Autism, Autistic, Neurodiversity, Neurodivergence - inTune Pathways
About Store inTune Families inTune with PDA Blog Contact Opportunities Join our mailing list Login

Let's Talk About Autistic Levels

Uncategorized Aug 12, 2020
Can we talk about autistic 'levels'?
 
They don't indicate level of autistic. There is no "more or less" autistic. They are support levels, indicating the amount of support a person requires. They are also extremely problematic as they are assigned during a snapshot of an autistic person's life and unless a person revisits, and requests a reassessment, the support level remains. Today, I might be a level one in terms of support. Tomorrow, a level three.
 
The most common understanding around support levels, unfortunately, is a reinvention of functioning labels according to number. Support levels assist the gate keeping around funding and support allocation to disabled people.
 
"Level 3" does not indicate "severe" autism, which is classically misunderstood as a person who is non speaking. There are people who are hyperlexic and live independently and are also assigned a Level 3.
 
Autism is autism. Functioning labels are harmful and damaging, and prevent us from being supported in the ways we require.
 
Those who have previously been deemed "High functioning" have had their challenges grossly overlooked based on the superficial understanding and impressions based on their behaviour or speech and language. These are the members of our community who sit under the statistic around higher than average mental health issues, and suicide.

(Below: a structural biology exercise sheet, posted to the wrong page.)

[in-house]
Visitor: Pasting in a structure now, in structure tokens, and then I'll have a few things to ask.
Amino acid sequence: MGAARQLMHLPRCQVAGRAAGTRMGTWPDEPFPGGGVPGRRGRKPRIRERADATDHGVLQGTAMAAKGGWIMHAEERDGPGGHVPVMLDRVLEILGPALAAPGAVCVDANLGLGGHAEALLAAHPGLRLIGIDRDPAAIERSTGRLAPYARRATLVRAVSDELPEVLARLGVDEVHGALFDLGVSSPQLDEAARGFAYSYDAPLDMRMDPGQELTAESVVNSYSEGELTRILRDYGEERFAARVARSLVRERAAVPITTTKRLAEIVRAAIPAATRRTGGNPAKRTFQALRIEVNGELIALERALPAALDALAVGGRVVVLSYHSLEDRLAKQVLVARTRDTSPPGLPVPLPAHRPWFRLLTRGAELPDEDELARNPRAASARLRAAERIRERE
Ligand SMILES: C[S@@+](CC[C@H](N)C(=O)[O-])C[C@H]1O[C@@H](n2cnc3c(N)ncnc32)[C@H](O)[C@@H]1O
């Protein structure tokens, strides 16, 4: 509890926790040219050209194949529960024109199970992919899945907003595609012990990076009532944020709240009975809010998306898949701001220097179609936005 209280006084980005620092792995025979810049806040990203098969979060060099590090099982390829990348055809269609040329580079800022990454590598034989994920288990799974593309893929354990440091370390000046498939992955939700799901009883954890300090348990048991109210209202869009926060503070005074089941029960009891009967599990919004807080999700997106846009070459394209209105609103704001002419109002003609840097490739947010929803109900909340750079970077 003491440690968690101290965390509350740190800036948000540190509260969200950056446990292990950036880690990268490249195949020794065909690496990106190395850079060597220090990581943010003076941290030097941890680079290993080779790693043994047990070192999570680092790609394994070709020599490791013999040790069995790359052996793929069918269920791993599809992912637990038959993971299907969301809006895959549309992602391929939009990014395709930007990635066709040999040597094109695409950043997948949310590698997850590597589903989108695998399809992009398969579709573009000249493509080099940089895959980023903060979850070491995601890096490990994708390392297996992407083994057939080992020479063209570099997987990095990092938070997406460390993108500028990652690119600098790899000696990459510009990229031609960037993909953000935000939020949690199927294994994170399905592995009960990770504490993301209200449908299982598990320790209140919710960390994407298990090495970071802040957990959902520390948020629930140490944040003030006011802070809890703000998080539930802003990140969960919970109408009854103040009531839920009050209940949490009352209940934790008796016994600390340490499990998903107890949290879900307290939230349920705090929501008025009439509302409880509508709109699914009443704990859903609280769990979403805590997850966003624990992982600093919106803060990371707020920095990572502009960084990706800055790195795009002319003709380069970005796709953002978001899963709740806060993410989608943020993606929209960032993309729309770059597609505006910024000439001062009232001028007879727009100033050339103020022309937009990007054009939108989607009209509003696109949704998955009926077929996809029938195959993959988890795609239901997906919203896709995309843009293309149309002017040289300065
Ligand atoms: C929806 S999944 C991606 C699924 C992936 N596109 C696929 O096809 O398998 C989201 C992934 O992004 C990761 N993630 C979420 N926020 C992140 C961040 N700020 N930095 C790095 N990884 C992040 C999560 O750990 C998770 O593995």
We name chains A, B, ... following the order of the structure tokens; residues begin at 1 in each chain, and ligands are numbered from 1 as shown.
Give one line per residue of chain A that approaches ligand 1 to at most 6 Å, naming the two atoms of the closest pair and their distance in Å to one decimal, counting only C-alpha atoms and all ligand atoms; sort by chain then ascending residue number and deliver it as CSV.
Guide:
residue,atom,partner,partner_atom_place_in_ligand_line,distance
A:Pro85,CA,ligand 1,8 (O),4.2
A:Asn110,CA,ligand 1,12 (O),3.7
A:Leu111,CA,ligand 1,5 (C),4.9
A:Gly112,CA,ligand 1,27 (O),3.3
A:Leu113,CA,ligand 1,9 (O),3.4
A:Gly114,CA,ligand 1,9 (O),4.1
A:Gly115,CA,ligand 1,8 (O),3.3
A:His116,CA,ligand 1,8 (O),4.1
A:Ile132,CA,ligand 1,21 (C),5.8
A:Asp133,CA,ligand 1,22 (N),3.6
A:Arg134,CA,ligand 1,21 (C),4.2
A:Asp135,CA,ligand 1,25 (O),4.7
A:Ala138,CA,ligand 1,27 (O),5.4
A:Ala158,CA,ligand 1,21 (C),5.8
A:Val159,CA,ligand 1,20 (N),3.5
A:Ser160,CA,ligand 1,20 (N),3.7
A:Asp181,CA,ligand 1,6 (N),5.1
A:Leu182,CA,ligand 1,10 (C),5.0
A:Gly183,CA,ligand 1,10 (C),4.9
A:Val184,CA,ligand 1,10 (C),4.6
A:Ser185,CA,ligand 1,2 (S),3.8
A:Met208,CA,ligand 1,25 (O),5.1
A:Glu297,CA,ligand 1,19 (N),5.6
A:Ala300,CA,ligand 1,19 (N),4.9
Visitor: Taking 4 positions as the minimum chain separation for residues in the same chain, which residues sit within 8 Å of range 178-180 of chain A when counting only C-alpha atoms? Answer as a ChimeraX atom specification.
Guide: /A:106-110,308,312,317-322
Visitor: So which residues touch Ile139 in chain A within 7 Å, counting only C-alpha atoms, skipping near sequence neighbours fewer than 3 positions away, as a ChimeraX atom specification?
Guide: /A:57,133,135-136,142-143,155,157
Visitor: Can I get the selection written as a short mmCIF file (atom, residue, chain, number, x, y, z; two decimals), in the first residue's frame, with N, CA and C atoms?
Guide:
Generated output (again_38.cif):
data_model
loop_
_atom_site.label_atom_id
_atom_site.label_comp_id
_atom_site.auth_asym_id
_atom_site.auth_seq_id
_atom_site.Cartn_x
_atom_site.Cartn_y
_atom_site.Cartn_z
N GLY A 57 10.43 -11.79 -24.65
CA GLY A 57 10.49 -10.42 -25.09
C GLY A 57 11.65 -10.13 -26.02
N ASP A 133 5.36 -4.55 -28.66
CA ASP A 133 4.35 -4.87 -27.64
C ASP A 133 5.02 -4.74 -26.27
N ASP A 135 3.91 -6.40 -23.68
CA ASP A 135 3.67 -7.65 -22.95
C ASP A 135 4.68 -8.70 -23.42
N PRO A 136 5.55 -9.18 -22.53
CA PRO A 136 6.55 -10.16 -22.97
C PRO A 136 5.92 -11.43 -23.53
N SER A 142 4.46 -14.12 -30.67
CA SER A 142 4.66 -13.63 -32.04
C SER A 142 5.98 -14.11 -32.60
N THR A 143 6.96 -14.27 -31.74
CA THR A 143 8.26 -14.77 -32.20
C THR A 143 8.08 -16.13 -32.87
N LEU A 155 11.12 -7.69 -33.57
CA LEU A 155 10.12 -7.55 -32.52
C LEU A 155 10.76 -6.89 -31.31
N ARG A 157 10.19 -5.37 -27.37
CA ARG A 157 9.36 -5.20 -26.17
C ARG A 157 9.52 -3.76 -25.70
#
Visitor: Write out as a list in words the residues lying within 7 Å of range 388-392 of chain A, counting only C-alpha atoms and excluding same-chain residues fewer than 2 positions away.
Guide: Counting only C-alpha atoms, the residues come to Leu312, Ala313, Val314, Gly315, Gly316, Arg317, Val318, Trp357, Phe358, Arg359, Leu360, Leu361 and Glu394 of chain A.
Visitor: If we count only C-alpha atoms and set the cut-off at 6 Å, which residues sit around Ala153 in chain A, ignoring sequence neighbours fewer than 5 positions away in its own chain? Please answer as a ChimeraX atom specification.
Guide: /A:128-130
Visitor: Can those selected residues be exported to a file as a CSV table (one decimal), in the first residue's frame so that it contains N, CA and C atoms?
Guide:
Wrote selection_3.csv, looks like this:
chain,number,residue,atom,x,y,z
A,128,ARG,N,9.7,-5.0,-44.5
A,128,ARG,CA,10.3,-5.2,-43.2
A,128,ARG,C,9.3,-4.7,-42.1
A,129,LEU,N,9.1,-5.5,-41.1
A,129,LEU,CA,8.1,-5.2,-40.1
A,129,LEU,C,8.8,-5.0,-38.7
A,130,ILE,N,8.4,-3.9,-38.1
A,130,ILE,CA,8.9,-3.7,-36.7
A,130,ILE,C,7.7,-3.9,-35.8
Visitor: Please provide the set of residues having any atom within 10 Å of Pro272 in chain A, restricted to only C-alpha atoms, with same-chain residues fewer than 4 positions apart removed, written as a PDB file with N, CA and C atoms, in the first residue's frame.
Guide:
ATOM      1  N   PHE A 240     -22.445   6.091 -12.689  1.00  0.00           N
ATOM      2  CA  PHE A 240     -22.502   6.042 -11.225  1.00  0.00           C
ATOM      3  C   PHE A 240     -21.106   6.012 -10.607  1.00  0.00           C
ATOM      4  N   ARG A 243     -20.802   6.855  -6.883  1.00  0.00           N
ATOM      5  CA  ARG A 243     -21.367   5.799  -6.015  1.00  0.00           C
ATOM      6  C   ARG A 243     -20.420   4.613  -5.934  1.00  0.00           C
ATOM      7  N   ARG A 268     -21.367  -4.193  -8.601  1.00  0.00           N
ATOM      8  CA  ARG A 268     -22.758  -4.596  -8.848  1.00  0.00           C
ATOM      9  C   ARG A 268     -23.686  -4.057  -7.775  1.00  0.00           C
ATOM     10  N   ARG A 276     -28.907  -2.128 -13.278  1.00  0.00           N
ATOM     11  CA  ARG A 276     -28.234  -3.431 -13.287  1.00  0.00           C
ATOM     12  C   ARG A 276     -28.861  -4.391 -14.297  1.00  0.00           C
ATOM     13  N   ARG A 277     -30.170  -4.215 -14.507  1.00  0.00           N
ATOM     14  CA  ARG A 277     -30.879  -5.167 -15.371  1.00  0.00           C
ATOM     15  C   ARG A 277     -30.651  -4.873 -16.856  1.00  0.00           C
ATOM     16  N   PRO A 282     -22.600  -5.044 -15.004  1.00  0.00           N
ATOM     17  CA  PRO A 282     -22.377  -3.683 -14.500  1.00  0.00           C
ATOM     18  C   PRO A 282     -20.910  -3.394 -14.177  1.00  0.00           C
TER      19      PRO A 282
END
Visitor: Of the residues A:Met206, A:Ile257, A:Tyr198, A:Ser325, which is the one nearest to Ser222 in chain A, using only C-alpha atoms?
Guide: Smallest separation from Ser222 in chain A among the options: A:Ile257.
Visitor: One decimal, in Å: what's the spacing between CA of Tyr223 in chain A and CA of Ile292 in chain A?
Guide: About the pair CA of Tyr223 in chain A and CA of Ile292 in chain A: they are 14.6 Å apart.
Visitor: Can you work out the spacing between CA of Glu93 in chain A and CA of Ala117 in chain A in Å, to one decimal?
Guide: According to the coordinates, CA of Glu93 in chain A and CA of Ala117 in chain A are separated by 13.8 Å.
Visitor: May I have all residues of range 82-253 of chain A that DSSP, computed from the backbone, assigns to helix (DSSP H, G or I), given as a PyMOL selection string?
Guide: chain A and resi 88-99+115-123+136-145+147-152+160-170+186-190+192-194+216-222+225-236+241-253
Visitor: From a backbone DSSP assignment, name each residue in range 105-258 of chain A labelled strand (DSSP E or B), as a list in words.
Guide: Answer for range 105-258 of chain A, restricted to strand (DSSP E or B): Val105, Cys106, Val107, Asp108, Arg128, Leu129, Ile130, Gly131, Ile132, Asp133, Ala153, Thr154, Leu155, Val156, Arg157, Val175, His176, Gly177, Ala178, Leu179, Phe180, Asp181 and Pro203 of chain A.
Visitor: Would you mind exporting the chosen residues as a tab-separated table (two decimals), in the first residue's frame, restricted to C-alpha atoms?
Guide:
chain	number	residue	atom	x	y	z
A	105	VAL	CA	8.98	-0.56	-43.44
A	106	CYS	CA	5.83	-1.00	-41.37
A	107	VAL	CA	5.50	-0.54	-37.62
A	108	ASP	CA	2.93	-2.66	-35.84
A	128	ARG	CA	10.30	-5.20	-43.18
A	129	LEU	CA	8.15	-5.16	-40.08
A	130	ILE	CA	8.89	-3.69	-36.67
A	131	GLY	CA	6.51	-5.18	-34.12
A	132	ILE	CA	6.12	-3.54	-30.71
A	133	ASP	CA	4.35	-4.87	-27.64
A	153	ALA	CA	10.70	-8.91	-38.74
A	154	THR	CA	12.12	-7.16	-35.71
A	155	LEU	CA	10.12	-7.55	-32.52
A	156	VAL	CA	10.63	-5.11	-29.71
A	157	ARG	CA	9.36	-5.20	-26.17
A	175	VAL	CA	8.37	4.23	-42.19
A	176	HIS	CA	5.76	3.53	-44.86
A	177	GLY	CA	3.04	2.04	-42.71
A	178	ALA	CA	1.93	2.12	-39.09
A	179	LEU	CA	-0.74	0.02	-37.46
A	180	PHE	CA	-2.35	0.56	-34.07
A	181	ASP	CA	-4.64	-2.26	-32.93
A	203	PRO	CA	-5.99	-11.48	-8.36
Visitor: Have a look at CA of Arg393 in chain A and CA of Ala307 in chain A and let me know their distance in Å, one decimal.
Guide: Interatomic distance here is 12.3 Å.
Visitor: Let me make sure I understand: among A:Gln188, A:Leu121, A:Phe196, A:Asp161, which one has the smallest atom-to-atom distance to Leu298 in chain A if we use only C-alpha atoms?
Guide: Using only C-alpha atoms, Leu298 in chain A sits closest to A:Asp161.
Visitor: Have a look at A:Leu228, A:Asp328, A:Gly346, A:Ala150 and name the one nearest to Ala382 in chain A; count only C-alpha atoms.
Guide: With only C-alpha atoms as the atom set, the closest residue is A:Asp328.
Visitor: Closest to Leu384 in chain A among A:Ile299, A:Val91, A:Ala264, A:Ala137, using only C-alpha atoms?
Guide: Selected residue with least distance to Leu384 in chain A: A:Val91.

Those who have previously been deemed "Low functioning" or "severe" have had their intelligence severely undermined and dismissed. Their capacity and ability has been dismissed due to their co-occurring conditions and the way they move their bodies.
 
We are autistic. Not high or low "functioning".
 
We function differently. We mask and hide for survival.
 
It's important to listen to autistic voices, in order to learn about our differences.
We NEVER argue amongst ourselves who is more autistic than another. What you SEE, is NOT what you get. Our autistic expression is NOT to be compared with non autistic expression. They are different and do not mean the same things. Whatever you think you know about autism, if it fits inside of any of the above, it needs to be reframed.
 
We are autistic.
 
Not more or less autistic.
 
We are autistic.
 
Diverse, different, but a community of humans whose autistic expression varies.
 
We are autistic.
.
.
.
.
Kristy Forbes
inTune Pathways
 
Image credit: Sharon McCutcheon
Close

50% Complete

Join Our Mailing List to read Kristy's weekly musings, find out about our monthly webinars & programme launches and events.

We hate spam and promise not to do this to you. We will also never share your details with anyone.